Digital platform operators and personal information


The JFTC, the primary enforcement agency of the Antimonopoly Act, the main competition law in Japan, published the Guidelines Concerning Abuse of a Superior Bargaining Position in Transaction between Digital Platform Operators and Consumers that Provide Personal Information etc (the Guidelines) on 17 December 2019. An ‘abuse of a superior bargaining position’ is a unilateral conduct prohibited under the Antimonopoly Act, which is analogous to an abuse of dominance. For business operators to be held accountable for the abuse of a superior bargaining position, there needs to be a comparatively superior position vis-àvis a business operator’s counterpart in the transactions between them, not dominance in the market.

With the aim to clarify and enhance the predictability for digital platform operators as to the enforcement of the Antimonopoly Act, the Guidelines provide a non-exhaustive list of conducts by digital platform operators related to the acquisition or use of personal information which can amount to an abuse of superior bargaining position. Such conducts include acquiring personal information without stating the purpose of use to consumers, acquiring or using personal information against consumers’ intention beyond the scope necessary to achieve said purpose of use, and acquiring or using personal data without taking necessary and appropriate precautions for the safe management of personal information.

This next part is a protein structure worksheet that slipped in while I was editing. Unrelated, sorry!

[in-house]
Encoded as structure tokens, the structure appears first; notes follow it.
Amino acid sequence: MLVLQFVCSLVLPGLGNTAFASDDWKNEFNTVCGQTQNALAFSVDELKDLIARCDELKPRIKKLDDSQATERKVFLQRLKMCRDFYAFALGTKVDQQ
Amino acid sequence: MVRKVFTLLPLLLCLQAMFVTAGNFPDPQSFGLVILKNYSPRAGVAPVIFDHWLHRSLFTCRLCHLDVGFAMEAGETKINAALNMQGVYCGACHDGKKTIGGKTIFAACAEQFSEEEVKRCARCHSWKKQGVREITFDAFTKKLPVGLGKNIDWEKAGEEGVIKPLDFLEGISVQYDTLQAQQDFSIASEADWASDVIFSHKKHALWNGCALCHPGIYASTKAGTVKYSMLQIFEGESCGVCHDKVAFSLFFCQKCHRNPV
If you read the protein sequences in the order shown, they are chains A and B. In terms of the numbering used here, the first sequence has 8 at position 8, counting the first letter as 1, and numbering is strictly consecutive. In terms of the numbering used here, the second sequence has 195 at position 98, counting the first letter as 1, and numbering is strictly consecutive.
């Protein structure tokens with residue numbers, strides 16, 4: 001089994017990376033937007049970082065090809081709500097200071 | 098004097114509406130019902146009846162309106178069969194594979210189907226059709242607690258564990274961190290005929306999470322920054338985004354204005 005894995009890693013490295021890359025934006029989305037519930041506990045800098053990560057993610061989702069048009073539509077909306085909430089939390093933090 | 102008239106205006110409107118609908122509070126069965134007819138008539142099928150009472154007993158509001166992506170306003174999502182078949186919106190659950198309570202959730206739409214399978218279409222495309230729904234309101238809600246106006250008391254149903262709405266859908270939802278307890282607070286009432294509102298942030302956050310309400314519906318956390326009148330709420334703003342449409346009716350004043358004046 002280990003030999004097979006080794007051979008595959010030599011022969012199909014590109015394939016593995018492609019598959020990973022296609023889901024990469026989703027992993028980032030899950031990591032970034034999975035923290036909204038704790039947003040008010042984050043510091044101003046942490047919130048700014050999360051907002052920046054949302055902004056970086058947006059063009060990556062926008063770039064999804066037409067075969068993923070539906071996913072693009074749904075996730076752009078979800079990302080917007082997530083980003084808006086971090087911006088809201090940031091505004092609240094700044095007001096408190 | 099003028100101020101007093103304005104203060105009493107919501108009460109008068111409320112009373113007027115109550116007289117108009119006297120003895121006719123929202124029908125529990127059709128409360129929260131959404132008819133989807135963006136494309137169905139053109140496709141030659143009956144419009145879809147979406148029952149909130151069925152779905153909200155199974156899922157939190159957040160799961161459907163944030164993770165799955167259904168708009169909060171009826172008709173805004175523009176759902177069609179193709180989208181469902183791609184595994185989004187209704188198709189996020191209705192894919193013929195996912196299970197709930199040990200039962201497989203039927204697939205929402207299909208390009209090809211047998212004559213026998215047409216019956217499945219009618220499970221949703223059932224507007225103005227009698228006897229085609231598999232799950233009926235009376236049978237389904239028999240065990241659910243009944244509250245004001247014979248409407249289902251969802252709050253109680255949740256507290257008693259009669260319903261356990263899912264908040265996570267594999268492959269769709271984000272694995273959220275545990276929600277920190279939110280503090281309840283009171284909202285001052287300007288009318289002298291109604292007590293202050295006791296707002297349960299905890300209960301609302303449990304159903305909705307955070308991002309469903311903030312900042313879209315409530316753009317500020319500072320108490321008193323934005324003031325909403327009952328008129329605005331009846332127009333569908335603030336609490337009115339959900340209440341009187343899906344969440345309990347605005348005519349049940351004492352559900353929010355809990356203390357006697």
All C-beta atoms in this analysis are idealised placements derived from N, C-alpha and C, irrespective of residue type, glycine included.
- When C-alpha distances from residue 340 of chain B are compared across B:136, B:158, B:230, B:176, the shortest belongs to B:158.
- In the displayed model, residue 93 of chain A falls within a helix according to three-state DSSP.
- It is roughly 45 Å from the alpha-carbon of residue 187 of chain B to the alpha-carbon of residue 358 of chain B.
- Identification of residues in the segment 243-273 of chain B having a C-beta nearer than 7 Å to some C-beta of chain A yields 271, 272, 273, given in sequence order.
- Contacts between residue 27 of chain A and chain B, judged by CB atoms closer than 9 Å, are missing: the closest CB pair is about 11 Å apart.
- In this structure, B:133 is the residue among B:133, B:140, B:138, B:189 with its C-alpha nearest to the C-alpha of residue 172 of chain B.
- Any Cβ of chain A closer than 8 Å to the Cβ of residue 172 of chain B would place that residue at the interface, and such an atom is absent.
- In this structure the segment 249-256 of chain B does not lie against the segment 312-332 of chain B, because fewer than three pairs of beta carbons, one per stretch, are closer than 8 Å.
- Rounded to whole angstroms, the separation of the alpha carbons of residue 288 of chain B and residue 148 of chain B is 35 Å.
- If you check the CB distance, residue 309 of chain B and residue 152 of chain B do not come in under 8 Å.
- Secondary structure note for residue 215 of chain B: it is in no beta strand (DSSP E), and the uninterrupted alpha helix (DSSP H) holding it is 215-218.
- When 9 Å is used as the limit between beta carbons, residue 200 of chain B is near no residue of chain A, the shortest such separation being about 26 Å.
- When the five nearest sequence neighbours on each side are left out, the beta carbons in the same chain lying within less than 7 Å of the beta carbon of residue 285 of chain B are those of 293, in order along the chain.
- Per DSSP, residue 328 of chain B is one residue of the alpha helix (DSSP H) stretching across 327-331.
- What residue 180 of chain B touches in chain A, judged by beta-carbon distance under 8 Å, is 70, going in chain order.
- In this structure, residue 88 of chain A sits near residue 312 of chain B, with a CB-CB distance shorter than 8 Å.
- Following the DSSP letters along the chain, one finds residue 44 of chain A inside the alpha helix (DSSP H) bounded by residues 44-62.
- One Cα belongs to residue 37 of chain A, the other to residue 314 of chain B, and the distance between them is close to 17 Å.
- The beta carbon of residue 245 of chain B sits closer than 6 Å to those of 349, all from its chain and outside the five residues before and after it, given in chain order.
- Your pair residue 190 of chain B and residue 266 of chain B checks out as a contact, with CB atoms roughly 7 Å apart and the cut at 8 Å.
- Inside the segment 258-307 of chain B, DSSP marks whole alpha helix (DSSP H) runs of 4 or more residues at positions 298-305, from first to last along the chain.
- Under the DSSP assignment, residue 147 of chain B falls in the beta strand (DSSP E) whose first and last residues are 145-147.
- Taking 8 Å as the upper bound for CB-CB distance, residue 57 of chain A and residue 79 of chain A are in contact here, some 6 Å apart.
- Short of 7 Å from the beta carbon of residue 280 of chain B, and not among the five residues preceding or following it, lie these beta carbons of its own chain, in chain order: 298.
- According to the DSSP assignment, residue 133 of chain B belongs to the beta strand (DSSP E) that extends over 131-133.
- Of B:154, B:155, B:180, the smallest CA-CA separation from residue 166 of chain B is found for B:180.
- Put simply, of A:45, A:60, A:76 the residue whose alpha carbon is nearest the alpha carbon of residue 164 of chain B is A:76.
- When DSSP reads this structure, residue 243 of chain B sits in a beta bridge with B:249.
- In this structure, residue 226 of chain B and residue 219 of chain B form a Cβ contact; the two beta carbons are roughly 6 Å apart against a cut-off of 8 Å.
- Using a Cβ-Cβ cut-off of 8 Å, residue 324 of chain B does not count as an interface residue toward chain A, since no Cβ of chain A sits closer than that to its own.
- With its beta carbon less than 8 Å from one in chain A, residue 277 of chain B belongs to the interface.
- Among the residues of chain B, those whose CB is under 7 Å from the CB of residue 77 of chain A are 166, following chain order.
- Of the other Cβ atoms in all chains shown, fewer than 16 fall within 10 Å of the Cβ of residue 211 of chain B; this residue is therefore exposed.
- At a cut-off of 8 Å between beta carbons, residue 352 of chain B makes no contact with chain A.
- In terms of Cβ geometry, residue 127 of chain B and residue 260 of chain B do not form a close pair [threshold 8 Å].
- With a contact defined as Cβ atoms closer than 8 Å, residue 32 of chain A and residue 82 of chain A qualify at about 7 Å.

As the Guidelines concern issues regulated by the APPI, the PPC issued a statement saying that it would co-operate with the JFTC when it discovers facts that can potentially be deemed as an unfair acquisition or use of personal information by a digital platform operator which holds a superior bargaining position. In return, the PPC requested the JFTC to co-operate when it discovers a potential abuse of a superior bargaining position related to the treatment of personal information so that the PPC can evaluate the relevant facts from its perspective. In response, the JFTC agreed to co-operate with the PPC on the abuse of a superior bargaining position between digital platform operators and consumers providing personal information to the extent necessary.

Data compliance in M&A deals